During 2019, shares of Pennsylvania Real Estate Investment Trust (NYSE:PEI) have fallen to levels not seen in nearly a decade, as investors have grown increasingly pessimistic about the future of malls in the United States.

Yet PREIT has done a great job of adapting its malls to the times and upgrading its tenant mix to boost customer traffic. It is slated to complete a slew of redevelopment projects over the next 12 months, which should drive a return to growth in key earnings metrics. Yet investors haven't given the REIT any credit for its progress. With the shares continuing to trade for around $6, I loaded up on more PREIT stock last week.

The plan has worked

In recent years, management has prioritized improving PREIT's real estate portfolio. This has included a combination of disposing of weaker malls and investing in stronger properties to make them even better.

A rendering of a cinema and a parking lot at a mall.

PREIT is investing in its best properties, like Willow Grove Park Mall (pictured here) near Philadelphia. Image source: PREIT.

Since 2013, PREIT has gotten rid of nearly half of its malls, selling some and selectively turning over others to lenders by defaulting on mortgages. It currently has just 18 core malls -- plus one more under development -- compared to about three dozen at the beginning of 2013.

This strategy is proving very prescient. Many of the malls that have exited PREIT's portfolio in recent years were anchored by Sears stores that subsequently closed. While other mall REITs have been hit hard by Sears' store closures, PREIT had already reduced the number of Sears stores in its portfolio to just seven at the time of the chain's bankruptcy filing last fall, down from more than two dozen six years earlier. (Six of those seven stores have remained open.)

The other part of PREIT's plan to boost performance -- reinvesting in its remaining properties -- is also paying dividends. In 2017, the REIT redeveloped three former Sears stores at malls in secondary markets (Scranton, Pennsylvania; Camp Hill, Pennsylvania; and Florence, South Carolina), bringing in a mix of big-box tenants including Dick's Sporting Goods and various off-price retailers. Sales per square foot have increased by an average of 5% at those three malls compared to 2016, and all three ended 2018 with occupancy of at least 99%.

Most impressively, PREIT has added a number of new retailers and restaurants to the Mall at Prince Georges, just outside of Washington, D.C. These tenant upgrades have driven a surge in sales per square foot from $451 in 2016 to $558 in the most recent 12-month period.

Closing in on the end of a redevelopment phase

In short, there is ample evidence that replacing struggling anchors and bringing in new in-demand tenants can drive substantial growth in sales per square foot. In the long run, that should make PREIT's properties more attractive to potential tenants, leading to stronger rents and higher occupancy levels. The downside of these projects is that they have driven up capital expenditures, leading to elevated leverage and causing some investors to question the sustainability of PREIT's dividend.

A rendering of the exterior of the redeveloped Plymouth Meeting Mall.

PREIT has spent hundreds of millions of dollars on redevelopment work in the past few years. Image source: PREIT.

Fortunately, PREIT is set to finish most of its current redevelopment projects within the next 12 months. The completely rebuilt (and renamed) Fashion District Philadelphia will have its grand opening on Sept. 19, with more tenants scheduled to open later in the fall or in early 2020.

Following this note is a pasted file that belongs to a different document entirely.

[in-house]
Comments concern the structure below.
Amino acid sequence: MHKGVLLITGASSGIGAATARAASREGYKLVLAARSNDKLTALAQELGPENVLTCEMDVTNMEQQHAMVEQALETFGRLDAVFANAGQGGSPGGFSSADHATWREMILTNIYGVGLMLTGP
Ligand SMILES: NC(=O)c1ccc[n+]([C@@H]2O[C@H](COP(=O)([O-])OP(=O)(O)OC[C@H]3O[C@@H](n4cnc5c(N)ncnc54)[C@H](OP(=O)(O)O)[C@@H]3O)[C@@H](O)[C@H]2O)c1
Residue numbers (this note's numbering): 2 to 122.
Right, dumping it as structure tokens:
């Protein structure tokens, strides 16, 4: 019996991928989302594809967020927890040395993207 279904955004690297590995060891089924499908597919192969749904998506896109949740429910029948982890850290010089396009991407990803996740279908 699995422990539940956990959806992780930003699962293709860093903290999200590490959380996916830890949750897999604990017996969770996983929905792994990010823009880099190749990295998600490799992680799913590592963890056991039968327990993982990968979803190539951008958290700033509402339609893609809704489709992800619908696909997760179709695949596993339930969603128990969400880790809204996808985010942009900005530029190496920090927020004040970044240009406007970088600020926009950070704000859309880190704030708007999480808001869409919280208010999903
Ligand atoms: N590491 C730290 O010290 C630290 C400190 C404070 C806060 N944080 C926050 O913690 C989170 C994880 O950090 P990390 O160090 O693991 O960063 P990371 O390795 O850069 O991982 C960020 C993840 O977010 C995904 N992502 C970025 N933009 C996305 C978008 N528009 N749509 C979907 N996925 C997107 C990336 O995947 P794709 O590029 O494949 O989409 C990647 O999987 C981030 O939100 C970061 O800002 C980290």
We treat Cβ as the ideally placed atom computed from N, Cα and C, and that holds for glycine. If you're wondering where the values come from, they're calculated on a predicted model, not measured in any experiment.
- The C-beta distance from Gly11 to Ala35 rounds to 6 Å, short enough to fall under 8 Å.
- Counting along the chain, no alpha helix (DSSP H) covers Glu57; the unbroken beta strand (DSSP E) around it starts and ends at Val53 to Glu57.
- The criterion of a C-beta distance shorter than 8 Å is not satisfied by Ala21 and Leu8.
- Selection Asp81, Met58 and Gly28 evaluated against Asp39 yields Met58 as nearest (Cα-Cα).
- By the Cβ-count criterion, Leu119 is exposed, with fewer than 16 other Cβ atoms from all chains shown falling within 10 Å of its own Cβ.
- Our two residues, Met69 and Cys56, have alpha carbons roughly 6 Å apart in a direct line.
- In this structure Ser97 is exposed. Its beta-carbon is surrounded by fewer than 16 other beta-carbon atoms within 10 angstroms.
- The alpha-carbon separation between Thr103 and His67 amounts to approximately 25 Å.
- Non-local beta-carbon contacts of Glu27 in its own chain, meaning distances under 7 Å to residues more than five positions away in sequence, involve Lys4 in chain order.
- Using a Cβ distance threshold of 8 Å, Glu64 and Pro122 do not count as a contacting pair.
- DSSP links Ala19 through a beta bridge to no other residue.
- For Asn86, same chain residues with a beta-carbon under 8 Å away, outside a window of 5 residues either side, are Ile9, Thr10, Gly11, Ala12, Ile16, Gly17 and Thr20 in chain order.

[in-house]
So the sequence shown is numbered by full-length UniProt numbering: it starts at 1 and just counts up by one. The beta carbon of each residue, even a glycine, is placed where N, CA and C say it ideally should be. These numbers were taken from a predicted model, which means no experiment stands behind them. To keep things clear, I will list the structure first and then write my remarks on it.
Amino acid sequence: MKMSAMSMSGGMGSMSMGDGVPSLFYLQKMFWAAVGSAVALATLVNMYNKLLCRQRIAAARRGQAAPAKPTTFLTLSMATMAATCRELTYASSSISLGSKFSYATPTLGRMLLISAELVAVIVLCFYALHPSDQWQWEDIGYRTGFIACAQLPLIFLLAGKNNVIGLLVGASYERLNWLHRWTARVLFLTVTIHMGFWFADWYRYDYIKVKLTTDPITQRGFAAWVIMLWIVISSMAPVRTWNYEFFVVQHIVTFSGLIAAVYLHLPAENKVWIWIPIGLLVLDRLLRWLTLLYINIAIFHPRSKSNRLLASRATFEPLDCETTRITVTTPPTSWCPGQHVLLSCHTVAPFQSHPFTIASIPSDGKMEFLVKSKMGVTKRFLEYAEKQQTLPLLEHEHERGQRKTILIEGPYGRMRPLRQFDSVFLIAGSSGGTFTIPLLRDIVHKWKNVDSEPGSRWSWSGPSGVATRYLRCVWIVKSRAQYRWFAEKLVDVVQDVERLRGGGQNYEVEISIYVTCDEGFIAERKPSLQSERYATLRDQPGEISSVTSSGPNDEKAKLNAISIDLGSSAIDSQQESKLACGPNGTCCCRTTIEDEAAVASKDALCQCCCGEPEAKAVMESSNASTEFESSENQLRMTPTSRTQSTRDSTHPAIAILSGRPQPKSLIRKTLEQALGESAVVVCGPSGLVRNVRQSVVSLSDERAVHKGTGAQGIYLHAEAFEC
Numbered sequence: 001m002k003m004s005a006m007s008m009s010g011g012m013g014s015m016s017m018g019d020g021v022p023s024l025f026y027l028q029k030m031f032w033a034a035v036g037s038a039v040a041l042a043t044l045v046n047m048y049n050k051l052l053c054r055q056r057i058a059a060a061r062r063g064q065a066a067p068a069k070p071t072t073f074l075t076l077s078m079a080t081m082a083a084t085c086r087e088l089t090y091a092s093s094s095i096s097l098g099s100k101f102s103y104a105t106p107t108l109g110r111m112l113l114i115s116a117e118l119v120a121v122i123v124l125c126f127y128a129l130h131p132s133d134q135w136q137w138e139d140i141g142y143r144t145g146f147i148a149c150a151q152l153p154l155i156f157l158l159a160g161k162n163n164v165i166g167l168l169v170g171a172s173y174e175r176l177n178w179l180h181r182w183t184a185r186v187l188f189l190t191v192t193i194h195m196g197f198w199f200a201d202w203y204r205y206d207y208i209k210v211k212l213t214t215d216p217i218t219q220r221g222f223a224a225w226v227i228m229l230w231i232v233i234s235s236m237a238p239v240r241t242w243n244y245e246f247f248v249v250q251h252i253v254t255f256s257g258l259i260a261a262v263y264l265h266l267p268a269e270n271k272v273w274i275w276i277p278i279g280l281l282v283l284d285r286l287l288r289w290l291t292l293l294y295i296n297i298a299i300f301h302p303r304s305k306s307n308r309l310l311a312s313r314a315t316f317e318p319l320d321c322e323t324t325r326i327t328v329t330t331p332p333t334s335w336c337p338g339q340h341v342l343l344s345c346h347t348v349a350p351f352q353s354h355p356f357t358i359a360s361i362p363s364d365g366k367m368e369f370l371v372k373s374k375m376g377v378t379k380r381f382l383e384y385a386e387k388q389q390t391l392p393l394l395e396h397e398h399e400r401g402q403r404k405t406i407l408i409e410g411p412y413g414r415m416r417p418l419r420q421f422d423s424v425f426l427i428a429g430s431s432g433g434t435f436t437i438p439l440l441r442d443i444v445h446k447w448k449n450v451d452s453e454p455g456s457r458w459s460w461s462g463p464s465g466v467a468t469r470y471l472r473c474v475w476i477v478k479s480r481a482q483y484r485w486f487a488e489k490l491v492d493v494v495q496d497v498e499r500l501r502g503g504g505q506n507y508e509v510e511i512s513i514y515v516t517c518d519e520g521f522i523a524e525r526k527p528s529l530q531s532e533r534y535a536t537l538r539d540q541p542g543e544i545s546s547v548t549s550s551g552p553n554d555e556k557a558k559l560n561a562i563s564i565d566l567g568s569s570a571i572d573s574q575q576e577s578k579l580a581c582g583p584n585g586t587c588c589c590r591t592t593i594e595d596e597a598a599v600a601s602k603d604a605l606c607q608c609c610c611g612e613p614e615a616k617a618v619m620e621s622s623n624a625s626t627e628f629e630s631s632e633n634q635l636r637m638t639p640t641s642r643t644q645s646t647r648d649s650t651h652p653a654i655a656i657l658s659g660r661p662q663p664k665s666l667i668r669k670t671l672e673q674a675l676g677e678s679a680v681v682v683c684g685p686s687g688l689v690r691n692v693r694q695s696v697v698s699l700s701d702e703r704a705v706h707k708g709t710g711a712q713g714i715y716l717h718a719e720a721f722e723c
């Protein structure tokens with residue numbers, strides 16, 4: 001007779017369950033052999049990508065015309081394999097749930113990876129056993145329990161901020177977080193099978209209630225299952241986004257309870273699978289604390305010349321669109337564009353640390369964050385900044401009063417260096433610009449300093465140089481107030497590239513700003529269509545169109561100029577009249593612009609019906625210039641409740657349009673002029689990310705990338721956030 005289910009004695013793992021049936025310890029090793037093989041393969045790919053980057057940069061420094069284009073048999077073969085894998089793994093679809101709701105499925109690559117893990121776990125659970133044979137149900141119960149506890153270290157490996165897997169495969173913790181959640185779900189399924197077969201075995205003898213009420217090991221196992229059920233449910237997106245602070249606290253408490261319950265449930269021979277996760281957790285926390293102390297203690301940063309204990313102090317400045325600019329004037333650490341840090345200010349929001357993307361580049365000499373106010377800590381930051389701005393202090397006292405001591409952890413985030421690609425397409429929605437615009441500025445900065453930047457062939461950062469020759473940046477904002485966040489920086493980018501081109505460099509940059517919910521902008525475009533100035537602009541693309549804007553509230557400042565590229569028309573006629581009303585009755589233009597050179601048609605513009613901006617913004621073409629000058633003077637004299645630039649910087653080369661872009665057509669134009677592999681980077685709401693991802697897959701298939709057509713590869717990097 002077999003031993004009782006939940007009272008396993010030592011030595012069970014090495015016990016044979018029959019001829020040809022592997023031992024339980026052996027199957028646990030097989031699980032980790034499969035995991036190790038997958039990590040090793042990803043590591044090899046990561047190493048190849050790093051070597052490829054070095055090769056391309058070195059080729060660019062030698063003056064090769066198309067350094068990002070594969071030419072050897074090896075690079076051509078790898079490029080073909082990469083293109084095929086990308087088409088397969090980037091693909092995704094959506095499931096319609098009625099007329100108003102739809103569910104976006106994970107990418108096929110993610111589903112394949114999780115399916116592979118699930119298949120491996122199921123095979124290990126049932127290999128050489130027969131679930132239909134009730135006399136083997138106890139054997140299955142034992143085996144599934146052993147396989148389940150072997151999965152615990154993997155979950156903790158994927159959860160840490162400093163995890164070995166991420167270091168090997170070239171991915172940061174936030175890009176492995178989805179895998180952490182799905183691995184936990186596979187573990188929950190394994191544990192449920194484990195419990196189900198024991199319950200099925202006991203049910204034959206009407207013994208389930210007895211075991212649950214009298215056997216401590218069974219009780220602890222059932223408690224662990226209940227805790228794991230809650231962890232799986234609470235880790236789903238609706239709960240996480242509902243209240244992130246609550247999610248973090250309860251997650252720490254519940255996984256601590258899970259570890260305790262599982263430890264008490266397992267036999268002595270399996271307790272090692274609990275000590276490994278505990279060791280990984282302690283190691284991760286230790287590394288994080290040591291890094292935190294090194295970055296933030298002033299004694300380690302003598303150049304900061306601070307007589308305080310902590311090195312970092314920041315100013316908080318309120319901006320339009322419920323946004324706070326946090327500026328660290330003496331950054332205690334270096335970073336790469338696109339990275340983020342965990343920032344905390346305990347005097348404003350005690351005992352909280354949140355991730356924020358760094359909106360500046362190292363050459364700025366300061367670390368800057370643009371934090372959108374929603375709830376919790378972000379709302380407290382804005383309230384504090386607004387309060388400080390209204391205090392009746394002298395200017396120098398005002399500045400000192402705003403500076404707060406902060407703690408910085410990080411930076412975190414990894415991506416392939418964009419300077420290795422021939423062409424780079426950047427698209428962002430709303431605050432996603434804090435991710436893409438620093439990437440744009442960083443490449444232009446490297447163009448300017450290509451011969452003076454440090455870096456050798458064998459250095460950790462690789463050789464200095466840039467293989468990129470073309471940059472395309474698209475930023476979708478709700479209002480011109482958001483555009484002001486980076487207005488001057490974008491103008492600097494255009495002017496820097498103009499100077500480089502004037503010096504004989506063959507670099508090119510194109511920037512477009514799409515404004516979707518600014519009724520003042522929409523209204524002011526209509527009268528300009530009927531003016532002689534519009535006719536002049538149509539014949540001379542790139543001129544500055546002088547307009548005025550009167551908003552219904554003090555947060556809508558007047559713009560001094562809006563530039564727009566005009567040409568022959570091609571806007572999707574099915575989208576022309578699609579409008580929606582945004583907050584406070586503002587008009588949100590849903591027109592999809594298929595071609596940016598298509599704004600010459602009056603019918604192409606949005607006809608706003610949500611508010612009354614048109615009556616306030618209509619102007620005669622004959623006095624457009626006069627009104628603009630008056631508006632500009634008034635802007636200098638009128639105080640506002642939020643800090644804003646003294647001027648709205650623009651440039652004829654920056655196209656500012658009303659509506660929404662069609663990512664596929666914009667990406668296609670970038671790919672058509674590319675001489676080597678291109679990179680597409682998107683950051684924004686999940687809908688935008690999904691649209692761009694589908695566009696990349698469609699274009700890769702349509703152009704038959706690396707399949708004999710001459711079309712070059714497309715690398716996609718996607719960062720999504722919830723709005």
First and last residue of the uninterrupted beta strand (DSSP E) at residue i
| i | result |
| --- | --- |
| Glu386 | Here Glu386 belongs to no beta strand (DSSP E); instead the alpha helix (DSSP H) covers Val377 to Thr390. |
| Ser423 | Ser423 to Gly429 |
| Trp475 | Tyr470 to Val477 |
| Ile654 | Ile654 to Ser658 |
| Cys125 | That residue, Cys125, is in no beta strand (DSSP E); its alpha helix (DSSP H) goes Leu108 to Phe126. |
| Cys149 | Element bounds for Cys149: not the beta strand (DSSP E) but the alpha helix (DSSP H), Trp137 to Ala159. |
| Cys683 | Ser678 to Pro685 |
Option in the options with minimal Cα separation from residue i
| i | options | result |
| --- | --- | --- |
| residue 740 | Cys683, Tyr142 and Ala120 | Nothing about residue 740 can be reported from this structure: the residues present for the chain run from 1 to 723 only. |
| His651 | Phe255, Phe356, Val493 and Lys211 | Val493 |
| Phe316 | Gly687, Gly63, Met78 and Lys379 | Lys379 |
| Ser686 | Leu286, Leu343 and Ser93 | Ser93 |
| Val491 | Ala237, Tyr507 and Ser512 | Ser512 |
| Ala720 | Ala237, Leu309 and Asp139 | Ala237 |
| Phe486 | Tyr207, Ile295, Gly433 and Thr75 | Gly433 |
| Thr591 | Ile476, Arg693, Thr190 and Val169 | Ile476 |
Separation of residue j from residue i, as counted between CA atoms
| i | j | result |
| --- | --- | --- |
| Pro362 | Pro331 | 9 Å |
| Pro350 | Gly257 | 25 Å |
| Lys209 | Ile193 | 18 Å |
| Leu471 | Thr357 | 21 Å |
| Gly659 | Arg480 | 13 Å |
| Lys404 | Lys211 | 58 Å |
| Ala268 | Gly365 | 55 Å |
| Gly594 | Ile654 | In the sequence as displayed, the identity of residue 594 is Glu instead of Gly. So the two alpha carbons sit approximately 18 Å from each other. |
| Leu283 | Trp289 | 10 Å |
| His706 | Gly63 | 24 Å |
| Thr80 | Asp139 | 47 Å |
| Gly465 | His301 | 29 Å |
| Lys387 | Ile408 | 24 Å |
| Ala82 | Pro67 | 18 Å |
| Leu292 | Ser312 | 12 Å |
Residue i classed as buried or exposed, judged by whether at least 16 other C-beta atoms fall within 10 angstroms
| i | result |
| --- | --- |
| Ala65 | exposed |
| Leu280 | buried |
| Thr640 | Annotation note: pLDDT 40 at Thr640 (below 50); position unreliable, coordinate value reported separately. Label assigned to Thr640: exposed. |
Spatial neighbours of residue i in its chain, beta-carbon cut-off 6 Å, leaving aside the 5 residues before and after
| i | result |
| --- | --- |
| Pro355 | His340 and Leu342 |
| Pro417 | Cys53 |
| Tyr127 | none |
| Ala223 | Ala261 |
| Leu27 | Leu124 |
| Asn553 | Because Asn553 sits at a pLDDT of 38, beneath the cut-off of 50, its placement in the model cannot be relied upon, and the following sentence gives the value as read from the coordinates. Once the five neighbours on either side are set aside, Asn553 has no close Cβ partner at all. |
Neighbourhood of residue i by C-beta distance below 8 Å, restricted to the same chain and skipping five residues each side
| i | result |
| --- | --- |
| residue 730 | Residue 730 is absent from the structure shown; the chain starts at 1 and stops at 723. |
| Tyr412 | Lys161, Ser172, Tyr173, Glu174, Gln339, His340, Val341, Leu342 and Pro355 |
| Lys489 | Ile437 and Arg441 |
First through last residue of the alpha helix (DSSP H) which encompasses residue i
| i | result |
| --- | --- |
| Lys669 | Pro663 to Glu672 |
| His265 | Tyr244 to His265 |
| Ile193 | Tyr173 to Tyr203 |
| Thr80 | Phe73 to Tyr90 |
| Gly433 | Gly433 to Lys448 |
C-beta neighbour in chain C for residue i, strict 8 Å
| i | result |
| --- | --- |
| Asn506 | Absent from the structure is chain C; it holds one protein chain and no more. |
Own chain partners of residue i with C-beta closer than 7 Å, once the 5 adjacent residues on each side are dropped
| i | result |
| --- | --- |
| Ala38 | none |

Two other major redevelopment projects will wrap up in the fourth quarter. Five new tenants will open at Plymouth Meeting Mall in the Philadelphia suburbs to replace a former Macy's, while upscale department store Von Maur and a collection of smaller retailers and restaurants will open at Woodland Mall near Grand Rapids, Michigan.

Several more department store replacements will be completed in the first half of 2020. Most notably, PREIT recently announced that it will proactively replace the Sears store at Dartmouth Mall in Dartmouth, Massachusetts, with a Burlington store and other new retailers. This will leave just four Sears stores in PREIT's core mall portfolio -- and one of those has a substantial amount of space already subleased to Primark.

By this time next year, PREIT will have more or less completed its entire current redevelopment pipeline. Of course, it's possible that more department stores will close in PREIT's portfolio between now and then, but the backlog of redevelopment projects should be much smaller.

The future is bright

PREIT estimates that the new Fashion District Philadelphia development will generate between $11 million and $15 million of net operating income (NOI) next year, almost all of which will be incremental compared to 2019. Committed new leases at other properties -- mainly for its anchor redevelopments -- will add another $11 million to $15 million of NOI.

Thus, NOI could increase by as much as $30 million next year, even with zero growth in the rest of PREIT's portfolio. Considering that management expects the REIT to generate no more than $240 million of NOI this year, that would represent a huge gain.

Furthermore, PREIT expects to raise between $150 million and $300 million over the next two years by selling land parcels at various malls (mainly in the Philadelphia and Washington, D.C. metro areas) for residential development. That will allow it to start reducing its debt load.

Thus, by the end of next year, PREIT is likely to generate significantly more income than today, and its balance sheet should be stronger. This will put the REIT in a good position to respond to the threats it may face in the years after 2020. As a result, the stock continues to look like a huge bargain, which is why I snapped up more shares last week.